That fort was actually quite nice, even though one would have to be a real nut for armor and weaponry to appreciate a lot of the exhibition in these Rajasthani forts. It was the first such place that offered an audio tour (more expensive than a live guide; I guess they know how annoying those guides can be), and it was pretty well restored and preserved, with money from both the Getty Foundation and the UN. The tour was well done, although at the end they lost it a bit, when two female descendents of the Maharaja were asked to talk about their lives now. One was shamelessly promoting her publishing house, while the other was blubbering incoherently about how looking at the fort to her is like looking at a computer window and how she’s crying thinking about it and how it’s all for her family god.

Anyways, at that point my camera battery was empty and we were pretty exhausted after all this, so we just made a quick stop at the very decent Jaswant Thada memorial to Jaswant Singh II, and then took off to the airport. Arriving back in Mumbai, we had to yell at some tout as soon as we left the terminal, since he wouldn’t take our ignoring him at first and then saying no twice for an answer. Soon after that we took in some fresh Mumbai air, realizing that maybe this place isn’t so bad after all; there’s always worse, apparently.

We are still a bit puzzled about the great allure of Rajasthan to Western tourists. The British guy in Bikaner had told us about Peru, and slowly walking up the Andes or floating down the Amazon river sounds so much nicer right about now. We are also wondering whether we could possibly be the only Westerners prepared to tell the endless touts and hawkers and scammers to fuck off, because they obviously keep trying and sometimes seem genuinely surprised when we respond unkindly. Could we possibly be the only Westerners who are wondering what people must be smoking when they talk about spirituality here? We see a lot of in-your-face religiosity and a lot of praying and talk about god, yes. Everything seems religious here, but spiritual? Not so much. We can’t see much spirituality in driving like an ass, talking out of your ass, cutting in line like an ass, or feeding plastic garbage to your holy cow. Another one is warmth and hospitality. Getting asked literally fifty times a day which country we are from stops feeling warm and fuzzy real quick, as does getting stared at like a two-headed Martian in the zoo. The usual mix of having people bend over backwards to crawl up our ass on the one hand and getting scammed and taken for a ride on the other doesn’t help much either.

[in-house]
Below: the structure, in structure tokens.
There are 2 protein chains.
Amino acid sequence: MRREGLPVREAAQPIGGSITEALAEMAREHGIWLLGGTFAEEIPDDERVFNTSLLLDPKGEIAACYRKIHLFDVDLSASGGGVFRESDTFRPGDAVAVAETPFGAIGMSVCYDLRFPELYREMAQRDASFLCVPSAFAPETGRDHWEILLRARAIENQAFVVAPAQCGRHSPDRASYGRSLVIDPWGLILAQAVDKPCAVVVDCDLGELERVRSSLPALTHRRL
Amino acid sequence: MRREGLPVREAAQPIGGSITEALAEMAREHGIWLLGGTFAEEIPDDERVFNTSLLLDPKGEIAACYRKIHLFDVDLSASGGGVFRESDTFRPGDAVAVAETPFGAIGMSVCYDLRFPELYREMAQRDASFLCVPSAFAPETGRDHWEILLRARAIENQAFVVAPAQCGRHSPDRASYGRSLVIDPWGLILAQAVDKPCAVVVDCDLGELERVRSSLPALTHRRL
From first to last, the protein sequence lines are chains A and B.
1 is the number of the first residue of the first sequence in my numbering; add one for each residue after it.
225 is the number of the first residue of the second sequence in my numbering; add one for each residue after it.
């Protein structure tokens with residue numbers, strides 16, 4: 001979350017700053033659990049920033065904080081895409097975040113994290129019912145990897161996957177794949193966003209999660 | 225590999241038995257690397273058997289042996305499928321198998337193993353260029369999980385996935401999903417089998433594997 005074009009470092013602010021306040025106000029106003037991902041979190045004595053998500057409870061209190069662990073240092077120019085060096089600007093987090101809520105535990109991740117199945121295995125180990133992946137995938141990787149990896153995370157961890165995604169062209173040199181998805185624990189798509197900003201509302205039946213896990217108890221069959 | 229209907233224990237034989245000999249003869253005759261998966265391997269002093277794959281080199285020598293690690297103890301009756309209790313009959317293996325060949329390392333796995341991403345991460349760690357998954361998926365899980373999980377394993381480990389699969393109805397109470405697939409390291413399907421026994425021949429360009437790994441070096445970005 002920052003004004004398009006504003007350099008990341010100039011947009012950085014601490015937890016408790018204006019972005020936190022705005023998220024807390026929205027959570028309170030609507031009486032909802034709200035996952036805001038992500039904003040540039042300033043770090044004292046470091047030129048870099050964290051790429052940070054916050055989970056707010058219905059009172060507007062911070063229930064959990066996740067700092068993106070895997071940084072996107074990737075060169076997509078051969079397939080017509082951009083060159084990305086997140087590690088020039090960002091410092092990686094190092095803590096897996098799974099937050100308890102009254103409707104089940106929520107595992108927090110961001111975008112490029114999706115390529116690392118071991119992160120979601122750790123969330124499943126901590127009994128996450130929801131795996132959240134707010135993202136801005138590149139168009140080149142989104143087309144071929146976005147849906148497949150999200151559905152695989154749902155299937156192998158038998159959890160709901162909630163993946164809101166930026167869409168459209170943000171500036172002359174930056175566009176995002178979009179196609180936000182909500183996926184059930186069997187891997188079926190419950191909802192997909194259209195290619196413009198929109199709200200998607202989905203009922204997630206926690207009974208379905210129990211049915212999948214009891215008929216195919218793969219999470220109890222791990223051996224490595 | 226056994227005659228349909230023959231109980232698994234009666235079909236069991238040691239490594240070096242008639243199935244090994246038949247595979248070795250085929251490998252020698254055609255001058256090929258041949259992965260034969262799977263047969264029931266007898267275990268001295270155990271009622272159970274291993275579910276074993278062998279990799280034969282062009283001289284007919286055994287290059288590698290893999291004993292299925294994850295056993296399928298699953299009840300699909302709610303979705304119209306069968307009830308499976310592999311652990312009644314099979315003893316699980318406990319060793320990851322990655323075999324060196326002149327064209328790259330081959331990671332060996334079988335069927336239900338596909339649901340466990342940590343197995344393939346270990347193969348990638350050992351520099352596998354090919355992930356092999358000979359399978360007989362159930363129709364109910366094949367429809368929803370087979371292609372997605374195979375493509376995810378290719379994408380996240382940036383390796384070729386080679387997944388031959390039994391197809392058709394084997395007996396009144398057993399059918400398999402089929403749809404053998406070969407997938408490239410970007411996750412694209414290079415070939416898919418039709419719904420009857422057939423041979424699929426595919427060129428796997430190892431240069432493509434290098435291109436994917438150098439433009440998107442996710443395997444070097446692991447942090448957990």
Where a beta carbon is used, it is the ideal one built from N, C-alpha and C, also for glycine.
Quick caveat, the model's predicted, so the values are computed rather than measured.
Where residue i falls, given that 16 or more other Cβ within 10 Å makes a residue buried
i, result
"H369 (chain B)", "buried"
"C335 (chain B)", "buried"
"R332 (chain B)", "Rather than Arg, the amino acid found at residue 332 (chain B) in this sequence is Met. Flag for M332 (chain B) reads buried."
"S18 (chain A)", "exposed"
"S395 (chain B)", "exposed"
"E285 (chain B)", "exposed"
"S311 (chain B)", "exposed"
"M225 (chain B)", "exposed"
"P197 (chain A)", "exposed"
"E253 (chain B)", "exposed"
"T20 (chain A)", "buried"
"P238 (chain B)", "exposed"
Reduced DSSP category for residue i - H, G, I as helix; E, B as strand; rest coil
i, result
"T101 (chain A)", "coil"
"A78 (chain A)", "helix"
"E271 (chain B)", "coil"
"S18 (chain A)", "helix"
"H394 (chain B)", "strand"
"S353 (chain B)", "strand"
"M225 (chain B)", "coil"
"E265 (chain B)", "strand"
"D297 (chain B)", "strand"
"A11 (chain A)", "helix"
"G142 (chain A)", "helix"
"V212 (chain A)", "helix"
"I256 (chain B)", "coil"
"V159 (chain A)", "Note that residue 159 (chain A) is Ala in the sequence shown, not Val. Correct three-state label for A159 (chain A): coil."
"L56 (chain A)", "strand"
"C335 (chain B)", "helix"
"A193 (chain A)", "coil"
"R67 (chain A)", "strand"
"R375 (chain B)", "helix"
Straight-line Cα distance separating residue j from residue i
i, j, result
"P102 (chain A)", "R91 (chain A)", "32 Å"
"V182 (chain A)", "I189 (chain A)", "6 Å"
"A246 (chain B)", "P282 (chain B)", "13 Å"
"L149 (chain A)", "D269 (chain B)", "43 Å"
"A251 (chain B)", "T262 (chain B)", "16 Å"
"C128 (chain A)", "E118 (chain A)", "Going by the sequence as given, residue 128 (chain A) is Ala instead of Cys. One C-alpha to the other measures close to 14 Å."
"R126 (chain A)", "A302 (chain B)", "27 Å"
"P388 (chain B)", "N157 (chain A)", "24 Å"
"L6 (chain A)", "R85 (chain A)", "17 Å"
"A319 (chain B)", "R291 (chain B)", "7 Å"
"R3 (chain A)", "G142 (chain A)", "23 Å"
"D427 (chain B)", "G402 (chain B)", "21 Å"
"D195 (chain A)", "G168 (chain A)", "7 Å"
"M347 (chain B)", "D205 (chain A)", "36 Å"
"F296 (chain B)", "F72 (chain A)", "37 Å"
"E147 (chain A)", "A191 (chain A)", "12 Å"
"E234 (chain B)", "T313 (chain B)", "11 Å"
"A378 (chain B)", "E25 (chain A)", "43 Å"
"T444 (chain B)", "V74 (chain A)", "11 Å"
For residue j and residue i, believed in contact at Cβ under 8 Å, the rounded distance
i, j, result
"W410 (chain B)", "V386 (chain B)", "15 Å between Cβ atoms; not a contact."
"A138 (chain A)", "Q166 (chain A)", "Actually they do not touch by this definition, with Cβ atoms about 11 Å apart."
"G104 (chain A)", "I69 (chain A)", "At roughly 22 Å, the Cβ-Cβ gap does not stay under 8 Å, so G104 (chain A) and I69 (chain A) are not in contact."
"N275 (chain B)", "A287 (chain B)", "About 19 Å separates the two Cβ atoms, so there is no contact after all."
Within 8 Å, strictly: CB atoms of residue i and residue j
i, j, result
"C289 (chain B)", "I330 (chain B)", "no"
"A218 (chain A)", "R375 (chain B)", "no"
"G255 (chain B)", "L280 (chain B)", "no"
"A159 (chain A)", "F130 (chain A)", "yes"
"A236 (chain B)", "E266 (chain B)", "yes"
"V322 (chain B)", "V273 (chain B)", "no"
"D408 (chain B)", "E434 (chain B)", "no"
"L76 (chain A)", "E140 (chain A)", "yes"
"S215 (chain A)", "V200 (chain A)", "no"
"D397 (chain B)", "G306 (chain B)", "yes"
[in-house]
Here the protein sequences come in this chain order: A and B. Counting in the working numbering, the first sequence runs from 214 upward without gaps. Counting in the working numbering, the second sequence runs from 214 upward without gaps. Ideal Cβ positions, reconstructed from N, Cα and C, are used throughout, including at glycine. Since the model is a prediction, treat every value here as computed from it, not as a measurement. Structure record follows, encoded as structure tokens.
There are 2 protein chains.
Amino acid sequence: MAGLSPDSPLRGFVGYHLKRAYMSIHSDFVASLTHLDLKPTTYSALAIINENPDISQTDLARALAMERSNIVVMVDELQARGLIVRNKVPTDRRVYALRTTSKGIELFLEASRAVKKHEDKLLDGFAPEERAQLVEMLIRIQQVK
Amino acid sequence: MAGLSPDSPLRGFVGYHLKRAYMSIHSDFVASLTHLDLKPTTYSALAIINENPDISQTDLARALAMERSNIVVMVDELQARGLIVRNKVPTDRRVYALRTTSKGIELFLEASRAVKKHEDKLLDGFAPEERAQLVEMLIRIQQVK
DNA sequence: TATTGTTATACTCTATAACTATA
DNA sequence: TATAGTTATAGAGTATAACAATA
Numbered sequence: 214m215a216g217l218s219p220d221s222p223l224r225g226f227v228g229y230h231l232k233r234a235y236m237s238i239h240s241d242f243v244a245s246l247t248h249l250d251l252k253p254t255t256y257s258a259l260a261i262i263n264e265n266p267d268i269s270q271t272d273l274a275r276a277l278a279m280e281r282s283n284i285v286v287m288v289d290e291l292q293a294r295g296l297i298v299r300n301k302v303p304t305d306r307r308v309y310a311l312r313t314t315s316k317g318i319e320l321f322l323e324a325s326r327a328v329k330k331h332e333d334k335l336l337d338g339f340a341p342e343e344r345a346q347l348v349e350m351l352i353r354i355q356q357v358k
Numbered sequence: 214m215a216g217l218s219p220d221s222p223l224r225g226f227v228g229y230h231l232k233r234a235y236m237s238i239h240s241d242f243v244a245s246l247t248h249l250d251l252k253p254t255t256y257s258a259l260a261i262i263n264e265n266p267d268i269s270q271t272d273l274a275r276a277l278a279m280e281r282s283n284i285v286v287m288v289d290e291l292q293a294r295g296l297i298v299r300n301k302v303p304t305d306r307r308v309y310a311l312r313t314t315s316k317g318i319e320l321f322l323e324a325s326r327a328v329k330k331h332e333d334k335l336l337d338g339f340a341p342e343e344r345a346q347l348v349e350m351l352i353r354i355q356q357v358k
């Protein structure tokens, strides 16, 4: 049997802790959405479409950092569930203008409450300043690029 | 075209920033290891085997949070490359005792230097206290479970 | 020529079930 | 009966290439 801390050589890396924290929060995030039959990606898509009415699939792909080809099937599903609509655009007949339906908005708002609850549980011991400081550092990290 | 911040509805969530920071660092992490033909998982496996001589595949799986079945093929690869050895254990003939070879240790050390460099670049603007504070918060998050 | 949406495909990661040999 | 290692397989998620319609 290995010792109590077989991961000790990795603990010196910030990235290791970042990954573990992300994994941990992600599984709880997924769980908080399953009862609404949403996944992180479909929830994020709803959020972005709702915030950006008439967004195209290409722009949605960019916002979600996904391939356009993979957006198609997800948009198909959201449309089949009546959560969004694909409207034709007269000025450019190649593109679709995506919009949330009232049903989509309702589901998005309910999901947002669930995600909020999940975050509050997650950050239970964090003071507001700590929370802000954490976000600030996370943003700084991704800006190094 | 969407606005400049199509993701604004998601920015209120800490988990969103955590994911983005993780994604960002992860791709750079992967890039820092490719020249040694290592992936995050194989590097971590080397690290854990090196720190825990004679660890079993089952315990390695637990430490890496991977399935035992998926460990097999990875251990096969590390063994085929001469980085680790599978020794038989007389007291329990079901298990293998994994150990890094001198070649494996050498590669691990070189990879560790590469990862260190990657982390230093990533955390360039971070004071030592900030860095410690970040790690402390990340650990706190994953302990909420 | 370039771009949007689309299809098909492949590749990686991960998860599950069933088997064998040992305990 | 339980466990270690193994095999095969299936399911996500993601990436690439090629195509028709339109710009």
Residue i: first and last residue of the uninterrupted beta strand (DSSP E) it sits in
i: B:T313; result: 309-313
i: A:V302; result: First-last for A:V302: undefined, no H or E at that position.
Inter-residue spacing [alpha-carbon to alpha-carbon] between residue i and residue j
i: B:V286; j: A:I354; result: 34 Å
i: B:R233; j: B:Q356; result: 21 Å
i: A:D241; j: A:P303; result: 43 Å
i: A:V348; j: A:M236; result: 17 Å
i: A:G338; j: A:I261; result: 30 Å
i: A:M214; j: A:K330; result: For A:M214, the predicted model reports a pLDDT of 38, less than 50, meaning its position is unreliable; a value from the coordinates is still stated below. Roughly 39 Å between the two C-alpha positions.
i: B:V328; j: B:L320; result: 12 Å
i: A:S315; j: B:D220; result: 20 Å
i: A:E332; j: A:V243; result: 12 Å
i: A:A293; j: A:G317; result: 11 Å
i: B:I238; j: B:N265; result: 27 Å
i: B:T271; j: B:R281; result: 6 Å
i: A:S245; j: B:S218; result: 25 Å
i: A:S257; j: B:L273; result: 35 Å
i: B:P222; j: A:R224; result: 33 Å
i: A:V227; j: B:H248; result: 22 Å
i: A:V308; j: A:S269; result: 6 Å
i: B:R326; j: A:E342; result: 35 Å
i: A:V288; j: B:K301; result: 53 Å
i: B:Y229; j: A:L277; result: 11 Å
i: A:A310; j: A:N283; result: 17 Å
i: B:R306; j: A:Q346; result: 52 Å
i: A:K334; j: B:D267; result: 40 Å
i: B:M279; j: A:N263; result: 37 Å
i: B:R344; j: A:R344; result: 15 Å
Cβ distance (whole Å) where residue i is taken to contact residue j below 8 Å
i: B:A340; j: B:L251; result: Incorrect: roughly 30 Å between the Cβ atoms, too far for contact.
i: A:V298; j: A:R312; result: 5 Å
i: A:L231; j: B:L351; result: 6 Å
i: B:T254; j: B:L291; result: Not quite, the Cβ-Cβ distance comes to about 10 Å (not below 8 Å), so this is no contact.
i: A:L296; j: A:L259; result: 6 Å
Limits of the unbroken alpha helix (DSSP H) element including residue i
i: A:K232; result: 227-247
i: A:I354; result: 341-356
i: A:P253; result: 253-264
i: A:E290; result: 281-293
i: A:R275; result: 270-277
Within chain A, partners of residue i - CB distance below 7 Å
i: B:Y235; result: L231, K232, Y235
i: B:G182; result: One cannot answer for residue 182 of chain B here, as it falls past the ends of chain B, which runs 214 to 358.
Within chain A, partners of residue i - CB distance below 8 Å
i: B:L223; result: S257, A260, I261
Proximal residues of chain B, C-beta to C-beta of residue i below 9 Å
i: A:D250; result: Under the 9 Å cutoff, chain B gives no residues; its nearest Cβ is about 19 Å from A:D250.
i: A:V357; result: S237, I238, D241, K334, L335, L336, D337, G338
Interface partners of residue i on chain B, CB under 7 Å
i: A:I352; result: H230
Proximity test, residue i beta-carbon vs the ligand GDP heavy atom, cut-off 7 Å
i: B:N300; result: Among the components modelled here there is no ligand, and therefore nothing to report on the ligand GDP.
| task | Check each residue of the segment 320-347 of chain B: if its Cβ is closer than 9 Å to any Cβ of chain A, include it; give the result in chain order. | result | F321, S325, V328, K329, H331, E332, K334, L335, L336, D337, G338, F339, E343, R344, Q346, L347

Anyways, enough of that. Not sure where we’ll go on our next trip, maybe Orissa, maybe Gujarat, and maybe we’ll have a little less to whine about then.

Downtown Mumbai

Friday night, my boss took out a few expats for a bit of bar hopping downtown. Our first stop was the Dome, a nice lounge bar on the roof of the Intercontinental Hotel right on Marine Drive, a.k.a. Queens Necklace. Nice view, a pool, and expensive cocktails. After that we went to the Gymkhana. I had been told that this is probably the most exclusive private club in Mumbai, so I was quite afraid that this will be some sort of Connecticut Country Club place, with men in white shoes and white hats or something like that. It turned out to be a very laid back and relaxed place where everybody seemed to know everybody. Some people looked like a bit of show-offs, but generally it was pretty apparent that money alone doesn’t get one into this club, what matters most are relationships, so presumably a lot of the members have been downtown Mumbaikars for generations.

I thought the atmosphere was quite different from a few places that I had been to in Bandra. I guess like many big European cities, there is always an invisible divide between the newly rich and the old money spots. Where the nightlife of the Mumbai suburbs of Bandra and Juhu seems to be dominated by Bollywood people (or those wanting to become Bollywood people) and the growing call center brigade (a term I saw the TimeOut Mumbai use twice), this place seemed quite different.

Afterwards, we went to Indigo, a very happening bar and Italian restaurant, which the wife of a British diplomat whom I had met on the way from St. Petersburg to Delhi was raving about. I remember thinking then that I don’t really want to go to some posh downtown exile for Western diplomats, but the place was actually quite nice and laid back as well – and now that I live here, I realize that this town would be simply unlivable for me without these sorts of places. Sadly but true enough, now that I have a car, I don’t even take the riksha anywhere – it is just too exhausting to be sitting in these things right next to the big stinking busses and passing by open sewage systems and mountains of garbage. So I drive in my air conditioned car with the windows rolled up and Madonna or Eminem in the CD player – kind of like a submarine floating in stop-and-go speed through a zoo approaching hell.